James Nathan is a Respiratory Physician working on cellular mechanisms of oxygen and metabolite sensing. He undertook his research training at the University of Cambridge (Wellcome Clinical Research Training Fellowship, 2004) and Harvard Medical School (MRC Clinician Scientist Award, 2009), exploring basic mechanisms of protein degradation and proteasome function. In 2014, he was awarded a Wellcome Senior Clinical Research Fellowship for his laboratory in the CIMR. Here, using a combination of forward genetic and biochemical approaches his group uncovered new insights into how cells respond to their nutrient environments through enzymes that are sensitive to both oxygen and metabolites (Cell Metabolism, 2016 & eLife, 2017).
Alex Taylor has interests that span molecular biology, immunology, chemical biology, molecular evolution and biotechnology, and are best summarised as fundamental synthetic biology, or xenobiology. His research at King’s College London (2007) was focused on understanding how natural evolution shapes key molecules in adaptive immunity – antibodies (immunoglobulins) and their cellular receptors – through comparative immunology, biophysics and structural biology. He later joined the MRC Laboratory of Molecular Biology in Cambridge in 2010 where he developed synthetic genetic systems based on analogues of DNA (collectively known as xeno nucleic acids, or XNAs), composed of chemical building blocks not found in nature.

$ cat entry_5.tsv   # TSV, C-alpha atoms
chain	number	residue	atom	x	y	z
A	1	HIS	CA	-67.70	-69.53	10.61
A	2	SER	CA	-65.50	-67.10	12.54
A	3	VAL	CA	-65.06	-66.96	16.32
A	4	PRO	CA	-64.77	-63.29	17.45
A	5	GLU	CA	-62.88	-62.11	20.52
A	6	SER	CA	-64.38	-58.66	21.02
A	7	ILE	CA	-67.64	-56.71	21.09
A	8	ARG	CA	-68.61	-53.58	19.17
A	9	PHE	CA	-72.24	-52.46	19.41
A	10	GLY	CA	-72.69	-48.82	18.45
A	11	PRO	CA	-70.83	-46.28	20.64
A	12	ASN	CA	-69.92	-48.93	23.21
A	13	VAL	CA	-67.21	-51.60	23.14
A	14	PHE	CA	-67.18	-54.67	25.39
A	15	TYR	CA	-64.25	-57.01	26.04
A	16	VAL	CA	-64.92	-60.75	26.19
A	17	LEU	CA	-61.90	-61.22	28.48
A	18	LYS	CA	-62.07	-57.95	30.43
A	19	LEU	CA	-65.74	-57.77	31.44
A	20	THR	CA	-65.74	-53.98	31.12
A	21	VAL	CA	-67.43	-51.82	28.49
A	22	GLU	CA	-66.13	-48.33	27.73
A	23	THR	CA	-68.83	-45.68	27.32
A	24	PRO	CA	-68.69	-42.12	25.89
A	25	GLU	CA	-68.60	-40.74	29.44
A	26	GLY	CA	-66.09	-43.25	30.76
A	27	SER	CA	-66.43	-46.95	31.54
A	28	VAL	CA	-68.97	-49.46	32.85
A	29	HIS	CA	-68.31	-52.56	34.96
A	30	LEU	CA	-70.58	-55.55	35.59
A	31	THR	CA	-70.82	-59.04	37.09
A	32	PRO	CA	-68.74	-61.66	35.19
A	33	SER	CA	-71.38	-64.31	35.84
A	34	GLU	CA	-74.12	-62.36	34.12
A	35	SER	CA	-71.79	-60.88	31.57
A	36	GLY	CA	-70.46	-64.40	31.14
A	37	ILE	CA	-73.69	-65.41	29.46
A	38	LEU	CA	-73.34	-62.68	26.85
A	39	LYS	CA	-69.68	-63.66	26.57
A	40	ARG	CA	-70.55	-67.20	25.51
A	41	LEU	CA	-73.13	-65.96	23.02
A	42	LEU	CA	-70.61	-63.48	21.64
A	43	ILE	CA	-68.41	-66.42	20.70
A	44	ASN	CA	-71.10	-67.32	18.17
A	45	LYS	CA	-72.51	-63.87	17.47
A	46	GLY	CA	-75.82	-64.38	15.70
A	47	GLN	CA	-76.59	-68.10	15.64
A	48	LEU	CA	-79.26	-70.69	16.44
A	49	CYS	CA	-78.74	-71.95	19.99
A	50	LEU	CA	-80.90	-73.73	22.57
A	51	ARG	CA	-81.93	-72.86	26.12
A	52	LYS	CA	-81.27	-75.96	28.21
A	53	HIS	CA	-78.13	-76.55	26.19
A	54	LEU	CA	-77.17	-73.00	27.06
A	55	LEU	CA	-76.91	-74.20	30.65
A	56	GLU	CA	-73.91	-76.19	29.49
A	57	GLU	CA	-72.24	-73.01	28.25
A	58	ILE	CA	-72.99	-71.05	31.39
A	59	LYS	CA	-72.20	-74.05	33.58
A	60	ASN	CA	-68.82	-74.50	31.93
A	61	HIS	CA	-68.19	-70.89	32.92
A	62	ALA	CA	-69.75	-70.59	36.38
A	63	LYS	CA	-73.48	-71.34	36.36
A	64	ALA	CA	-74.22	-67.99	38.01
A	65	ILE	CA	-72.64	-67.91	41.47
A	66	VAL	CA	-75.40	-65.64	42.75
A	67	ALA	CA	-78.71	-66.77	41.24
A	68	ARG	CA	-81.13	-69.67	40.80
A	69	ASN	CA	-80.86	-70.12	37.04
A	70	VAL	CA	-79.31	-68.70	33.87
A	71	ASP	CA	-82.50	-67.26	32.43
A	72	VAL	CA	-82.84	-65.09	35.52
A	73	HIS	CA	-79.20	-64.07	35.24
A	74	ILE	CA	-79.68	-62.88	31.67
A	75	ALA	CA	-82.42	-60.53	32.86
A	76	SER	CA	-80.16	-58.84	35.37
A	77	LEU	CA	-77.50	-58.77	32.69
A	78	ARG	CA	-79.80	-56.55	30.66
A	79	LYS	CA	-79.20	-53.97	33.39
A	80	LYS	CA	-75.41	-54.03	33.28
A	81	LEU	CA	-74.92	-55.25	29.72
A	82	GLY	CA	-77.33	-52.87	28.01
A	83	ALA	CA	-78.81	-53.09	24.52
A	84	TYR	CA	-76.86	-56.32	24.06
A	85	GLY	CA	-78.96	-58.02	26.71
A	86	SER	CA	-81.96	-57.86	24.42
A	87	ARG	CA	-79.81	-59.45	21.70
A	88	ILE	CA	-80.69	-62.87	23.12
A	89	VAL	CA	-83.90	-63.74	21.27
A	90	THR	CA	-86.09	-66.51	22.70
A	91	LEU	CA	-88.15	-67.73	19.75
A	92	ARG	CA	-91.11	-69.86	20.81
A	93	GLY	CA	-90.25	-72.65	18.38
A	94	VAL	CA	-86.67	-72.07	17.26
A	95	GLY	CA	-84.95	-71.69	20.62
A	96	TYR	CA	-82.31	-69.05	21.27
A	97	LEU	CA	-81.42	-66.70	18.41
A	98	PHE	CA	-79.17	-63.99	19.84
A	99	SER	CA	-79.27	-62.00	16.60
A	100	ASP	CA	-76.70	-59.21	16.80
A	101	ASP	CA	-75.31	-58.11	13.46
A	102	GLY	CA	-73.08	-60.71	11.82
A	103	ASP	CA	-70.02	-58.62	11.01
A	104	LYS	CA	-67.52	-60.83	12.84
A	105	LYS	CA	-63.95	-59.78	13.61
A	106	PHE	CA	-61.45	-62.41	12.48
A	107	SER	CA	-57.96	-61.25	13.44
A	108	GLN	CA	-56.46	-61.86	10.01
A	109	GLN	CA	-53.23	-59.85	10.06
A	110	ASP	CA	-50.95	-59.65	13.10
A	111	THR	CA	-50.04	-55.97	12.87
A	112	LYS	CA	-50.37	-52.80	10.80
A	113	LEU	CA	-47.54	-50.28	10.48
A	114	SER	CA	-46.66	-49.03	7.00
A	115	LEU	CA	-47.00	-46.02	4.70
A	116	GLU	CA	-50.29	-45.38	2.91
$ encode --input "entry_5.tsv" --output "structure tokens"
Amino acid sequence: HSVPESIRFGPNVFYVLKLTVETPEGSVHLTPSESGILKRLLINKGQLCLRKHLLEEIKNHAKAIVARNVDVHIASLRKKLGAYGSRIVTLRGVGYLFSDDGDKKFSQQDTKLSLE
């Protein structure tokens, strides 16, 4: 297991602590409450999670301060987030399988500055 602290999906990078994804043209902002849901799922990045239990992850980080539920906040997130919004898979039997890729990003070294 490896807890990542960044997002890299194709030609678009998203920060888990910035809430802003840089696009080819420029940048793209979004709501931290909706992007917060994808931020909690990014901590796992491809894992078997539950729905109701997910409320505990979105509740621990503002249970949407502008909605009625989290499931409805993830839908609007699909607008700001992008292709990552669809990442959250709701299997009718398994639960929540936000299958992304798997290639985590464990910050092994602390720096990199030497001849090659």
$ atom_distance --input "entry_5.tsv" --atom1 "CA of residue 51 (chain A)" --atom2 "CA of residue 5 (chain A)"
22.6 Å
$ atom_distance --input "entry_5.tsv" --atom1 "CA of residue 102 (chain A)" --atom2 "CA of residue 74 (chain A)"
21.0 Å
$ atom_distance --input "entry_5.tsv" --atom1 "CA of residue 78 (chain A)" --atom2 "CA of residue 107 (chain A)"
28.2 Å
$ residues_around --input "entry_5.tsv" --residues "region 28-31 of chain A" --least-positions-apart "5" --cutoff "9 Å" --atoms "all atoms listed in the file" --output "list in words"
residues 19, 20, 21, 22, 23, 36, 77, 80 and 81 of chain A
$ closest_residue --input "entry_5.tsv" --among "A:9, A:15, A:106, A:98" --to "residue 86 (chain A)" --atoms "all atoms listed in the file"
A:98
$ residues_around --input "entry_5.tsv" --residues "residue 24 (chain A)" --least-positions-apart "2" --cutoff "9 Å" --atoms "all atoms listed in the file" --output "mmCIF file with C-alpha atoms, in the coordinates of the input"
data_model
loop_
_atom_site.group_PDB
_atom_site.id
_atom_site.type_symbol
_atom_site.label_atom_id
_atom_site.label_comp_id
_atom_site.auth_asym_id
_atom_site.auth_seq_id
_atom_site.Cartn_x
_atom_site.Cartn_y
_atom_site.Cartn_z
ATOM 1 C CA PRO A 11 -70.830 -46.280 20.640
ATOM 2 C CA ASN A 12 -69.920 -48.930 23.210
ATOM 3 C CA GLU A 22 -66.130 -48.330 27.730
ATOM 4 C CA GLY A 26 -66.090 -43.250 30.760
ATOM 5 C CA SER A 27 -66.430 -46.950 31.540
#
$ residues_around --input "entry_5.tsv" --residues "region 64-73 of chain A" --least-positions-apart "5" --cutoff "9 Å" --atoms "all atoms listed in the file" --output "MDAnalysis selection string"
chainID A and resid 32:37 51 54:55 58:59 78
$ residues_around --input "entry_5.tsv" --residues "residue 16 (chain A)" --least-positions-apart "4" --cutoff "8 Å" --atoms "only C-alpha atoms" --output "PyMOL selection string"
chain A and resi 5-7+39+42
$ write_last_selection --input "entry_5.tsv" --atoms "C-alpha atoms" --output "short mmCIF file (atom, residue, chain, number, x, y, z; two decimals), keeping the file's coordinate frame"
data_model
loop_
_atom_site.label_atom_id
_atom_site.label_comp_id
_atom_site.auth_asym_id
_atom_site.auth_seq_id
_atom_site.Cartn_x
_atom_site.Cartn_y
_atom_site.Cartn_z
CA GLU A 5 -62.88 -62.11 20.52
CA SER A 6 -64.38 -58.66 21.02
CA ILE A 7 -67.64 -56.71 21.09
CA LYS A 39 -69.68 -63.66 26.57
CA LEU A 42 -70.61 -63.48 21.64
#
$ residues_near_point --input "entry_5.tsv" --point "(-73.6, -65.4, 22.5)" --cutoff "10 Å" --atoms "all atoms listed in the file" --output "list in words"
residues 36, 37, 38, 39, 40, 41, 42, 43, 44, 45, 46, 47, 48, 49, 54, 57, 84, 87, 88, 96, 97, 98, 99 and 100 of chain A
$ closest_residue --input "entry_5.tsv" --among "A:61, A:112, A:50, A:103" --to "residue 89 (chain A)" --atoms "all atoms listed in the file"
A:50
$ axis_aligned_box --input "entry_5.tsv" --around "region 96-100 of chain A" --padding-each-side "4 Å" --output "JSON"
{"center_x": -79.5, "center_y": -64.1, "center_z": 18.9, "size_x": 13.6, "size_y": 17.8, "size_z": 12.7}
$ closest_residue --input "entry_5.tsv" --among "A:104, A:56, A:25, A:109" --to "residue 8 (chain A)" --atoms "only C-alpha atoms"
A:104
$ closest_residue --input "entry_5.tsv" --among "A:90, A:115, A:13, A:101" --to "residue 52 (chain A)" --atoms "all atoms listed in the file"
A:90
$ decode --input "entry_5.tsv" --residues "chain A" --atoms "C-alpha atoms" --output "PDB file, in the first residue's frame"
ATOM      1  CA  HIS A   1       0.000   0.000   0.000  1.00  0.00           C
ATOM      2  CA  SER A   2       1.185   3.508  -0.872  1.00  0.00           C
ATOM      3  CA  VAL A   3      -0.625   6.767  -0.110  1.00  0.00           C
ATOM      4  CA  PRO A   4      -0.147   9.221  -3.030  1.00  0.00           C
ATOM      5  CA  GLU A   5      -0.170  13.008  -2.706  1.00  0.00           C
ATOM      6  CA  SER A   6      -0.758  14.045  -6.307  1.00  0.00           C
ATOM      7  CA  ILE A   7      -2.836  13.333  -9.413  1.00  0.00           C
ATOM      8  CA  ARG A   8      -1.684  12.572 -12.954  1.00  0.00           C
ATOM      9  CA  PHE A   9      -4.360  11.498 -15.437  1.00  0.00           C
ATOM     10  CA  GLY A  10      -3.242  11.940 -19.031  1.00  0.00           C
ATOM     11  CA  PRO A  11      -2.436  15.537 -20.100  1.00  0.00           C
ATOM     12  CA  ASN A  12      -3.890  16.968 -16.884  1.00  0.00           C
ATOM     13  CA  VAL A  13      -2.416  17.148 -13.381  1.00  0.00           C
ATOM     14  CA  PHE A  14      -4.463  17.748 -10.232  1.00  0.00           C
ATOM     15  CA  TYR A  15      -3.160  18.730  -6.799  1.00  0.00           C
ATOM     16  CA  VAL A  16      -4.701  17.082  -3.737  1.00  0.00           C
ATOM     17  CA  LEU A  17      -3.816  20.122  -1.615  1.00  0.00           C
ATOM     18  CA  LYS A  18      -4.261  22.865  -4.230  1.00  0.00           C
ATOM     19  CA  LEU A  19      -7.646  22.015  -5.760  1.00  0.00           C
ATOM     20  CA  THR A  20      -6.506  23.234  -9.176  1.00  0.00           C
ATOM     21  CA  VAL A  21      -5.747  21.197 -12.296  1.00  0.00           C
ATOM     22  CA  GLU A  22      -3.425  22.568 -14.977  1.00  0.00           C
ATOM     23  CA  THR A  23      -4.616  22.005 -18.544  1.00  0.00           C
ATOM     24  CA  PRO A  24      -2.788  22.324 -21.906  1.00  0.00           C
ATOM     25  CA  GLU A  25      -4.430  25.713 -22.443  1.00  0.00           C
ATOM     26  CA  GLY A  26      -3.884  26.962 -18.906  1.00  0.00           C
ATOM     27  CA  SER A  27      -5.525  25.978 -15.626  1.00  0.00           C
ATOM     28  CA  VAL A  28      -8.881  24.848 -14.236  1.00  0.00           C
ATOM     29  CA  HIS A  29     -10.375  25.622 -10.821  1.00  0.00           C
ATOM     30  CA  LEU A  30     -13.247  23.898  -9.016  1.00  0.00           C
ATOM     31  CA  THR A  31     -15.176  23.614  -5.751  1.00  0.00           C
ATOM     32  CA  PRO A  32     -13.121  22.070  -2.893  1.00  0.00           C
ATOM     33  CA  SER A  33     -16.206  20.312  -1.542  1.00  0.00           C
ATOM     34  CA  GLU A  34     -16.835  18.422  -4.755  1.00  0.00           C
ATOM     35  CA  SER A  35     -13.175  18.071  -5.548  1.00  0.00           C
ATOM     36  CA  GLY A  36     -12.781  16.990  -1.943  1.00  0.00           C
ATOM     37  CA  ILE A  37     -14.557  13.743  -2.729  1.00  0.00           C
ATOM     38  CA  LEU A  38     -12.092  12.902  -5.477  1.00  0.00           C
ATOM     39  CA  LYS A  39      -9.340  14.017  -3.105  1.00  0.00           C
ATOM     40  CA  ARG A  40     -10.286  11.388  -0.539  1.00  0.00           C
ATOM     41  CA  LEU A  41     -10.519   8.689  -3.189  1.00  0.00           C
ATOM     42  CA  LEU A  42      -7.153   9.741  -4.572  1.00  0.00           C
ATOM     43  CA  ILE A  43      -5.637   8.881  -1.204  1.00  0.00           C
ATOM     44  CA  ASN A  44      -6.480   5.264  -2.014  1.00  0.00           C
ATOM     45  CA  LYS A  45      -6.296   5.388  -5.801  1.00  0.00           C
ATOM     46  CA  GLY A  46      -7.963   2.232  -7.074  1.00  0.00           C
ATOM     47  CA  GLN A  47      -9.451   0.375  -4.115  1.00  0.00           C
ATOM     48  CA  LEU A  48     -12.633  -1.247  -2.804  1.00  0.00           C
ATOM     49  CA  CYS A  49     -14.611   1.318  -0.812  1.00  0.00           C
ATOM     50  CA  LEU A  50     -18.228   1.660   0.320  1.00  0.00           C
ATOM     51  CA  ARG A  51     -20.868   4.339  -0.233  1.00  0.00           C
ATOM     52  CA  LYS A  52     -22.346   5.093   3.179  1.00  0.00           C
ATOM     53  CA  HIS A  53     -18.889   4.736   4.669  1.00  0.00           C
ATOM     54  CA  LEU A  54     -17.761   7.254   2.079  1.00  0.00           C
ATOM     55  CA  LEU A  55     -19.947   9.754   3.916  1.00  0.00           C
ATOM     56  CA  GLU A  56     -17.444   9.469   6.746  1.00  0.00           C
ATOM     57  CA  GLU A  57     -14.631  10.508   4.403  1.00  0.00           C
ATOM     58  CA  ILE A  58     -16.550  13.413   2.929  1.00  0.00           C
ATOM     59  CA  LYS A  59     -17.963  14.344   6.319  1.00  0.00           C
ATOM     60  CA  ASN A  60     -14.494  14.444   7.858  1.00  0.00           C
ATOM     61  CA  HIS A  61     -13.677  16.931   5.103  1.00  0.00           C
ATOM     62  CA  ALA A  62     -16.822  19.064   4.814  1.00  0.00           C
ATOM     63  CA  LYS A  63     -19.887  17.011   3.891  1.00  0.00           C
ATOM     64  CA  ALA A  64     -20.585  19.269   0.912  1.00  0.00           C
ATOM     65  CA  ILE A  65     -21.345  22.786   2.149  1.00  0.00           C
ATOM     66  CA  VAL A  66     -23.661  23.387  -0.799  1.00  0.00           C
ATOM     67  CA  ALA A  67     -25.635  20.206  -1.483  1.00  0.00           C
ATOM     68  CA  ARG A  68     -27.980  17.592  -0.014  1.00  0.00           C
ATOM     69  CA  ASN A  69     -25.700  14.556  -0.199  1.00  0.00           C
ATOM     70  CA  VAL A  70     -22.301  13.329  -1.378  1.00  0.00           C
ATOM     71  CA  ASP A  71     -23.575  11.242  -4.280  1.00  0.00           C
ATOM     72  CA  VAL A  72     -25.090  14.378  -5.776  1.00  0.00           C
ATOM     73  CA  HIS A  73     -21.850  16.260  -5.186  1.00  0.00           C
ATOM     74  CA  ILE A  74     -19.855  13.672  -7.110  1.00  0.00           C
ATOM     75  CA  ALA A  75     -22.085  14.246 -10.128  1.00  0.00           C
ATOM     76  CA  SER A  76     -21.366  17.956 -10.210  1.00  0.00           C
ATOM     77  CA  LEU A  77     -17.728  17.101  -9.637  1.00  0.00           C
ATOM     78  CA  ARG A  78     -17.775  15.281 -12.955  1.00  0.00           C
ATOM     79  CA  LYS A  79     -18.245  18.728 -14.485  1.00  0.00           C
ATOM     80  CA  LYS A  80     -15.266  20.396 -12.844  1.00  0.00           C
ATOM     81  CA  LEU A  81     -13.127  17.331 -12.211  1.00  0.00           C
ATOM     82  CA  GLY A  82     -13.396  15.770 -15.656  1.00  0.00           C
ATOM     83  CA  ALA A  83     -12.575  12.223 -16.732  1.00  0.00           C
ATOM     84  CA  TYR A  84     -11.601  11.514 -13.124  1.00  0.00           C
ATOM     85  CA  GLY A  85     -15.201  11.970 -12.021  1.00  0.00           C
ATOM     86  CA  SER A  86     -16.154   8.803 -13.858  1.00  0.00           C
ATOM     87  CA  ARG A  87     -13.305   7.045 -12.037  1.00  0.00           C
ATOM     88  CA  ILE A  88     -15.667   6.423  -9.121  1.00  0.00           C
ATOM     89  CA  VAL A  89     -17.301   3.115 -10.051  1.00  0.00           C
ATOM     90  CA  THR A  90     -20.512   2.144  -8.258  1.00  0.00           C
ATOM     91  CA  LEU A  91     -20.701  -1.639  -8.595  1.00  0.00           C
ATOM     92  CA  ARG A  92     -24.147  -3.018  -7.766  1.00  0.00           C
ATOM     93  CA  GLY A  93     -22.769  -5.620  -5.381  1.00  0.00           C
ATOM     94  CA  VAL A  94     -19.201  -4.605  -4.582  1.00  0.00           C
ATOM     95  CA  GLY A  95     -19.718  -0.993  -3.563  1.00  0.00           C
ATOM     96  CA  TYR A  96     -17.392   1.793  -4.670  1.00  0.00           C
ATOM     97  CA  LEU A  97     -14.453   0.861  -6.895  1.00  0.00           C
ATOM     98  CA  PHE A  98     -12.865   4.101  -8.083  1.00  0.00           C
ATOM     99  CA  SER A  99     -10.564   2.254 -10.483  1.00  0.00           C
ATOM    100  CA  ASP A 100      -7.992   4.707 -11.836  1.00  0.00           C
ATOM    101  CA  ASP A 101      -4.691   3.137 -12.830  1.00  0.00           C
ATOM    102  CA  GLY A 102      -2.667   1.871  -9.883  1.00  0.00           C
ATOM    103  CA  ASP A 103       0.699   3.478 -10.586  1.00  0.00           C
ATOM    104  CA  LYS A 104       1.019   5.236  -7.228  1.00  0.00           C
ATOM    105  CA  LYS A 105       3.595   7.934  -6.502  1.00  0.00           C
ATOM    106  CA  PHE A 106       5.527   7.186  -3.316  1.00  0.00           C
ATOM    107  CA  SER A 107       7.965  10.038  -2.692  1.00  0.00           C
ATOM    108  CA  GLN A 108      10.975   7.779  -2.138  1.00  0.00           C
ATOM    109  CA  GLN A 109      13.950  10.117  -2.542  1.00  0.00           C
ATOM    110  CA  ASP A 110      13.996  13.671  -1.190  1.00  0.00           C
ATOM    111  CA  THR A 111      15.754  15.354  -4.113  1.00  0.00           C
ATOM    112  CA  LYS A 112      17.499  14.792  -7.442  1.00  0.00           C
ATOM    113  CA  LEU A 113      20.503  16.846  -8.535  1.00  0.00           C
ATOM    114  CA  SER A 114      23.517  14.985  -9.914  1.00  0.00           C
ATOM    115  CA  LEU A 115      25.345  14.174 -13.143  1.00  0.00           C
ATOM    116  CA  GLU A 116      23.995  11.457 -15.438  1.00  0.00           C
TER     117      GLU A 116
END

Stephen Baker is a molecular microbiologist working in global health. His work focusses on integrating genomics with clinical and epidemiological sciences to understand how bacterial pathogens spread, evolve and cause disease. He was been based at the Wellcome overseas unit for 12 years but is now Director of Research for global health in the Department of Medicine at the University of Cambridge. His Wellcome Trust Senior Research Fellowship will enable him to develop his work in the department to generate new insights into how organisms trigger immunological responses during natural infection and use this information to develop new control tools.